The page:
How We Stayed Cool Before Air Conditioning
Although Spring is officially in full-swing here in Arizona, summer will be here before we know it. With an average summertime temperature of 103° F here in Phoenix, this is the aptly-named city for anyone who loves the heat. We may love all that sun most of the time, but much of that sun worship comes from our ability to escape the sun’s heat with cool, comforting air conditioning.
The massive heat index that we experience year after year is no joke – people continuously suffer from heat-related injuries and even death when they can’t escape the extreme Southern Arizona weather. Most people have a hard time getting by when their A/C goes out for an hour or two, so imagine how hard it must have been to live in this and other hot climates before the air conditioners were the standard in home cooling solutions.
At a time when an air conditioner could not be conceived of, our very smart ancestors found that right here, in the middle of a vast desert landscape, was one of the coolest and most temperate places to call home: caves.
Caves are nature’s little way of providing year-round cooling to anyone smart enough to take advantage of it. From the Pueblo Indians to the Himalayan peoples of the Upper Mustang, caves have always been the temperate retreats for those who need to escape the heat and the cold without living a nomadic lifestyle.
Even today, millions of folks live in caves throughout the world. In China’s Shaanxi province, nearly 30-million people call yaodongs (caves) their home. Cave living offers a whole lot of benefits, even now in a time of air conditioning.
Mud and Brick
In the Middle East, where the desert heat can be overbearing, ancient brick-making techniques and mud huts were the ideal solutions to keeping cool during the day and staying warm at night. Acting as heat absorbers, sun-baked bricks prevent all that outdoor warmth from getting inside the cool homes. Conversely, at nighttime when the temperatures in the desert can drop 30 degrees, those same heat-filled bricks release their stored heat into the home to as they absorb the cold night air.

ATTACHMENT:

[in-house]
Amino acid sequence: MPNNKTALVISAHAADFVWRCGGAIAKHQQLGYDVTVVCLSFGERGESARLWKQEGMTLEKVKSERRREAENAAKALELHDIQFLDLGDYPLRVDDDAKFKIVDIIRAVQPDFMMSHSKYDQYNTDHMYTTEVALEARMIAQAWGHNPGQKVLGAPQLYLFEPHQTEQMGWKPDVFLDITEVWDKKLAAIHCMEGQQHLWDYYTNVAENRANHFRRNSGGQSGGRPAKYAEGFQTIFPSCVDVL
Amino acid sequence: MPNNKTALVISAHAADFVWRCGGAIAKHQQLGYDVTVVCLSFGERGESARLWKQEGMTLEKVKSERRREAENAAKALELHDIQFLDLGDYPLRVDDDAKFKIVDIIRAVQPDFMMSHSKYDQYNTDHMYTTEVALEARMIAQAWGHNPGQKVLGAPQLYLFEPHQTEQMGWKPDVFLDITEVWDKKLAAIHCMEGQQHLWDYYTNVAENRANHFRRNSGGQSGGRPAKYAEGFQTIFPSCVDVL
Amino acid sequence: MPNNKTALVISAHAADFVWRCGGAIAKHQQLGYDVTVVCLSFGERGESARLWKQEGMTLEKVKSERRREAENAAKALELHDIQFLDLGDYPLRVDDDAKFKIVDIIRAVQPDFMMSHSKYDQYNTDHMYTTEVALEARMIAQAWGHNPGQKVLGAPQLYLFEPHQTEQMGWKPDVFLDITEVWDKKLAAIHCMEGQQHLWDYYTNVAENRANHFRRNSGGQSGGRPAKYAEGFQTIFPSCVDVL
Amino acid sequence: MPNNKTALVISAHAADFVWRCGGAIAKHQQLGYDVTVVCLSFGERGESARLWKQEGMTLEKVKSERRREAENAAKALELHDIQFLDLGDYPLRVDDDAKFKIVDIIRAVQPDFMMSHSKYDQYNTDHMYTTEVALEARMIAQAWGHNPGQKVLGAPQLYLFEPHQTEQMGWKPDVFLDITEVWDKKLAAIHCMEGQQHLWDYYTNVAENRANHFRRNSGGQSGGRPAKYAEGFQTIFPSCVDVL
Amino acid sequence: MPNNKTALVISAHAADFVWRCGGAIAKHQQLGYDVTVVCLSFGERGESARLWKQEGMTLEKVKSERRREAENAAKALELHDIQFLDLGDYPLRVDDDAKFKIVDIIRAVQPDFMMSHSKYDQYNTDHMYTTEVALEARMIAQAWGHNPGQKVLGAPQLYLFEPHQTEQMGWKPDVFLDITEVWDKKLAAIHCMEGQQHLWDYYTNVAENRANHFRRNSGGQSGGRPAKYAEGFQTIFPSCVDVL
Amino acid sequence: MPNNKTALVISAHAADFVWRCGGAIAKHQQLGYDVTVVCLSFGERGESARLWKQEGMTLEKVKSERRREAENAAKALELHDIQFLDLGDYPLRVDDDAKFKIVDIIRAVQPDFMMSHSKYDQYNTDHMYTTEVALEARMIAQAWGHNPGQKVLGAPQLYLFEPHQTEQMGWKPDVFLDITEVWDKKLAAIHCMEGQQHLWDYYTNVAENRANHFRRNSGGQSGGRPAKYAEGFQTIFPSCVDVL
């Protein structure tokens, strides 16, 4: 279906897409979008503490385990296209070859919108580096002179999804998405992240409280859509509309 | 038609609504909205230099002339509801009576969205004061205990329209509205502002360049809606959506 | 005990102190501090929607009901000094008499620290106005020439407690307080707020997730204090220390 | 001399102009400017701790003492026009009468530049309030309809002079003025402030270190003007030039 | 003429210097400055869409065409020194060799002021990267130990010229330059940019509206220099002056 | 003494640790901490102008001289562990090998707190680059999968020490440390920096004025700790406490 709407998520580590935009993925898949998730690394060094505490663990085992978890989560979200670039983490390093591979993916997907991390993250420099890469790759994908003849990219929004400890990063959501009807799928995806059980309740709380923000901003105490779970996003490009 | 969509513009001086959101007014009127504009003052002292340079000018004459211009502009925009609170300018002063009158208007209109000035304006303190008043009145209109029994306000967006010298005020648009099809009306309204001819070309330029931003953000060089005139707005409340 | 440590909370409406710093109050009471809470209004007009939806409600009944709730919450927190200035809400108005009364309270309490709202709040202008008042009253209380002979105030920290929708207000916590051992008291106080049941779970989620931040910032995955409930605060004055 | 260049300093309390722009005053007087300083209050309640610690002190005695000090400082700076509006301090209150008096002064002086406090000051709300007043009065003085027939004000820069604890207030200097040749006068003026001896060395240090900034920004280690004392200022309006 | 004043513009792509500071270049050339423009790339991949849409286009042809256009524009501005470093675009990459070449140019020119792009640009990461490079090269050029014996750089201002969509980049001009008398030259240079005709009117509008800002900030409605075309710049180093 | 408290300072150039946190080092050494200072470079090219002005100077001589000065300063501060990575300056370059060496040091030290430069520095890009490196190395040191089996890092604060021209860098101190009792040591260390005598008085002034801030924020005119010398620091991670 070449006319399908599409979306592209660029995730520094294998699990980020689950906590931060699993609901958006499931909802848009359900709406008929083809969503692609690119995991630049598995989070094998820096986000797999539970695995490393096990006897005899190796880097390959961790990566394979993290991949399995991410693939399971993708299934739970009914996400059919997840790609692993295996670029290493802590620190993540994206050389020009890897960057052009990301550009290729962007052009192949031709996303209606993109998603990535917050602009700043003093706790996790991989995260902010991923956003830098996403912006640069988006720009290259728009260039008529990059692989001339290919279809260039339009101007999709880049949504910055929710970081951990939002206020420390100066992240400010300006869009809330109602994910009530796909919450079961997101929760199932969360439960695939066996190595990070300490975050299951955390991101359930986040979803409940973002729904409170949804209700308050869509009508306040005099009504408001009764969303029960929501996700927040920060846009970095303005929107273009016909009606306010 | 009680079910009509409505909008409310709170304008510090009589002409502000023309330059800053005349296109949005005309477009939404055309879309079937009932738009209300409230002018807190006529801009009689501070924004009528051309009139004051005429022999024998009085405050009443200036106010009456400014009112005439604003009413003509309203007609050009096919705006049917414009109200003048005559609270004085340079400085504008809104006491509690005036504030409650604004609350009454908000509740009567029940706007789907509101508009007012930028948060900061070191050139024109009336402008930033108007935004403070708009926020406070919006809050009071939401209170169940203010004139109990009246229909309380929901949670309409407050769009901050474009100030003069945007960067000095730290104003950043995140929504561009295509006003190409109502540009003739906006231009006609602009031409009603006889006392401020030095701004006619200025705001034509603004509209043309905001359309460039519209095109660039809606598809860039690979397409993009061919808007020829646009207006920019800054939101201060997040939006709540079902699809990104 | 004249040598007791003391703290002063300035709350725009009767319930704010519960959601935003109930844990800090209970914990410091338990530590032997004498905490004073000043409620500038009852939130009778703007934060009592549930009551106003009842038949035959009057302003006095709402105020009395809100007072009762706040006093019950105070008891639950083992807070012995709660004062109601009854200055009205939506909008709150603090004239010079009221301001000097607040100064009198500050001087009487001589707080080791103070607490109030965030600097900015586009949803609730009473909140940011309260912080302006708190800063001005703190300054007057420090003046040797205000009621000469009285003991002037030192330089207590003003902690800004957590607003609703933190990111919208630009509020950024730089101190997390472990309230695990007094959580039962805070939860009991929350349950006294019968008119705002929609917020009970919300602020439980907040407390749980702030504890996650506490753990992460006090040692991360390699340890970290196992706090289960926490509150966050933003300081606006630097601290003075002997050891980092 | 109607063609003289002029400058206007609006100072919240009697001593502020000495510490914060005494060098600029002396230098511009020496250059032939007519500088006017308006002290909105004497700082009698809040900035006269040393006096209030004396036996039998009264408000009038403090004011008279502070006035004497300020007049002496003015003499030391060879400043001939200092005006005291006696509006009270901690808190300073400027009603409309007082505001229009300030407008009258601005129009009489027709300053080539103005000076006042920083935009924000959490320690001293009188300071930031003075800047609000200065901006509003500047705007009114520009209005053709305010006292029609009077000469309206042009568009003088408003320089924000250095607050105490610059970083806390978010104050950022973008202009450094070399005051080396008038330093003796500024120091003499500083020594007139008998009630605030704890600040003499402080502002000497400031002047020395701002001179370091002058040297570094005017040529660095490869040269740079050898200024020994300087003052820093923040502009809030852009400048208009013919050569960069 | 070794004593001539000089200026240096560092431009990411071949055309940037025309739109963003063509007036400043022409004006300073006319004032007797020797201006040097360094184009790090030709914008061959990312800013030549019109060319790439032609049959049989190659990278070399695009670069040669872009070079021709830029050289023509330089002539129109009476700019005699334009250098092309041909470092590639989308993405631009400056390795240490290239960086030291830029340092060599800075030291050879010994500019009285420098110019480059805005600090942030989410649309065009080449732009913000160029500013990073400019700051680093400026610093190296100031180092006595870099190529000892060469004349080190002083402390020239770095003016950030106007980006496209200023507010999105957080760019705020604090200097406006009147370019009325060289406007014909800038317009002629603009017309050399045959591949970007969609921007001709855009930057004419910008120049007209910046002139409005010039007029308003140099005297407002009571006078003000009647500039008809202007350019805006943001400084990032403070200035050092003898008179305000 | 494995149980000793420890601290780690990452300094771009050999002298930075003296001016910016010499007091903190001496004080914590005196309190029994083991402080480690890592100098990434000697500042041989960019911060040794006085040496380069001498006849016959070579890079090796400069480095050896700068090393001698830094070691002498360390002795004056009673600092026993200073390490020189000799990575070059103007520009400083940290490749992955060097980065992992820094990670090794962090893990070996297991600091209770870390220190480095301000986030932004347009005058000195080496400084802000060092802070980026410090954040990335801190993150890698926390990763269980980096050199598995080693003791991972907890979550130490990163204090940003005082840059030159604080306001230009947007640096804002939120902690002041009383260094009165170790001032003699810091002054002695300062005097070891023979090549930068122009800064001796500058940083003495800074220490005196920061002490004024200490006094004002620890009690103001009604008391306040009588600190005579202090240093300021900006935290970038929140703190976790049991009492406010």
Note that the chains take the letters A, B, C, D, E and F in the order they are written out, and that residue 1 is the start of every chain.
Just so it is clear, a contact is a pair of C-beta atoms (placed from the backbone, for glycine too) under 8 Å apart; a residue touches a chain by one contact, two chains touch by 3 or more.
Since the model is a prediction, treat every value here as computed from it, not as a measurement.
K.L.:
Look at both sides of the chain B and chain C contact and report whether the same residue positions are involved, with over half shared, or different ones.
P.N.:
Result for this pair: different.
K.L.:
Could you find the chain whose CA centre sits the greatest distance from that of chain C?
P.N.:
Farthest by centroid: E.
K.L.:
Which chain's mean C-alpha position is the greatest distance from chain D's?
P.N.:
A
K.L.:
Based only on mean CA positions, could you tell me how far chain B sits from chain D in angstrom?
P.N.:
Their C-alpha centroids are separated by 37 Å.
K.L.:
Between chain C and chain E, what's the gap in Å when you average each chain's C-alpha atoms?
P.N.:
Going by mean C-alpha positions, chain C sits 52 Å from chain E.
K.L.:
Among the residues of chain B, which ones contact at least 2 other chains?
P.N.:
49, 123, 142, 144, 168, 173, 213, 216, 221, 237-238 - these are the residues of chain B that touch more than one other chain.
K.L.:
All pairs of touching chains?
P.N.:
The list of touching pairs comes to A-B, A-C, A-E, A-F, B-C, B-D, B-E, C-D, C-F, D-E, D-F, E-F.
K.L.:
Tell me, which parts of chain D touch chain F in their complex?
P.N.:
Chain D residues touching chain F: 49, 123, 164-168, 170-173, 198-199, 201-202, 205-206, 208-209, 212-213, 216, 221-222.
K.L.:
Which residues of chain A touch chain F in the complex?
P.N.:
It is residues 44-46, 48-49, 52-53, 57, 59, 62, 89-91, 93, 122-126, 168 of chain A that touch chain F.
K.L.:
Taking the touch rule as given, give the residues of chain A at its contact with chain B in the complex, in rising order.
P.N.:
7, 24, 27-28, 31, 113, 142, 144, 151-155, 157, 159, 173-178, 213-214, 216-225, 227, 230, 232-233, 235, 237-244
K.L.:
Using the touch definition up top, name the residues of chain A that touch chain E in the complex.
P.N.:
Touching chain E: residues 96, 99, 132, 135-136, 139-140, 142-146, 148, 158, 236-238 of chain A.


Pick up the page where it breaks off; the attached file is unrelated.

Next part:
The Romans were especially advanced when it came to developing the aqueduct systems to cool off. While the aqueduct had long been in use by Egyptians and Babylonians (as well as others) long before Rome ever introduced them to their city plans, the Roman civil engineers took aqueduct building to a whole new level, creating such well-built aqueduct systems that are still in use today.
Those same aqueducts were used to funnel cold, cool water into pipes tucked away inside the walls of Roman homes, which in turn cooled off the walls and the homes to a comfortable level.
Clothing was an integral part of maintaining the body’s discomfort from the heat as well. While today’s fabrics include non-breathable materials like spandex and polyester, clothing pre-air conditioning needed to be breathable and allow for air to circulate freely to keep skin cool and dry in the hot summer sun. Linen, created from papyrus, became the fabric of choice from ancient Egypt to the 19th century.
Do you know why homes everywhere have covered porches? It is so people could sit outside at night time and relieve themselves from the heat their home’s trapped all day long. As porches became standard, particularly in certain areas of the country, they led to socialization habits that helped smart business owners attract customers. By incorporating porches as means of attracting those who wanted to beat the heat, these businesses helped retaining customers with their shaded offerings.
Last but not least, fans are the global standard way to provide portable air circulation for anyone, from peasants to emperors around the world. From palm fronds to folded paper fans, everyone was able to cool themselves, at least for a while, with a hand-held fan. Electric fans would not bring people relief until 1882, when New Orleans, Louisiana resident and longtime muggy summer-sufferer Schuyler Skaats Wheeler could take no more heat without relief.
Today we can enjoy indoor comfort in all sorts of ways, from outdoor air conditioning units to mini ductless split systems, and we rarely have to give the extreme heat a second thought. The next time your air conditioner breaks, you can rest easy knowing that the Sharp Air repair team will be there soon to give you the relief you need. Until we get there, pick up a hand fan, put on your best linen top, and maybe get outdoors and sit on your covered porch to cool off for a bit.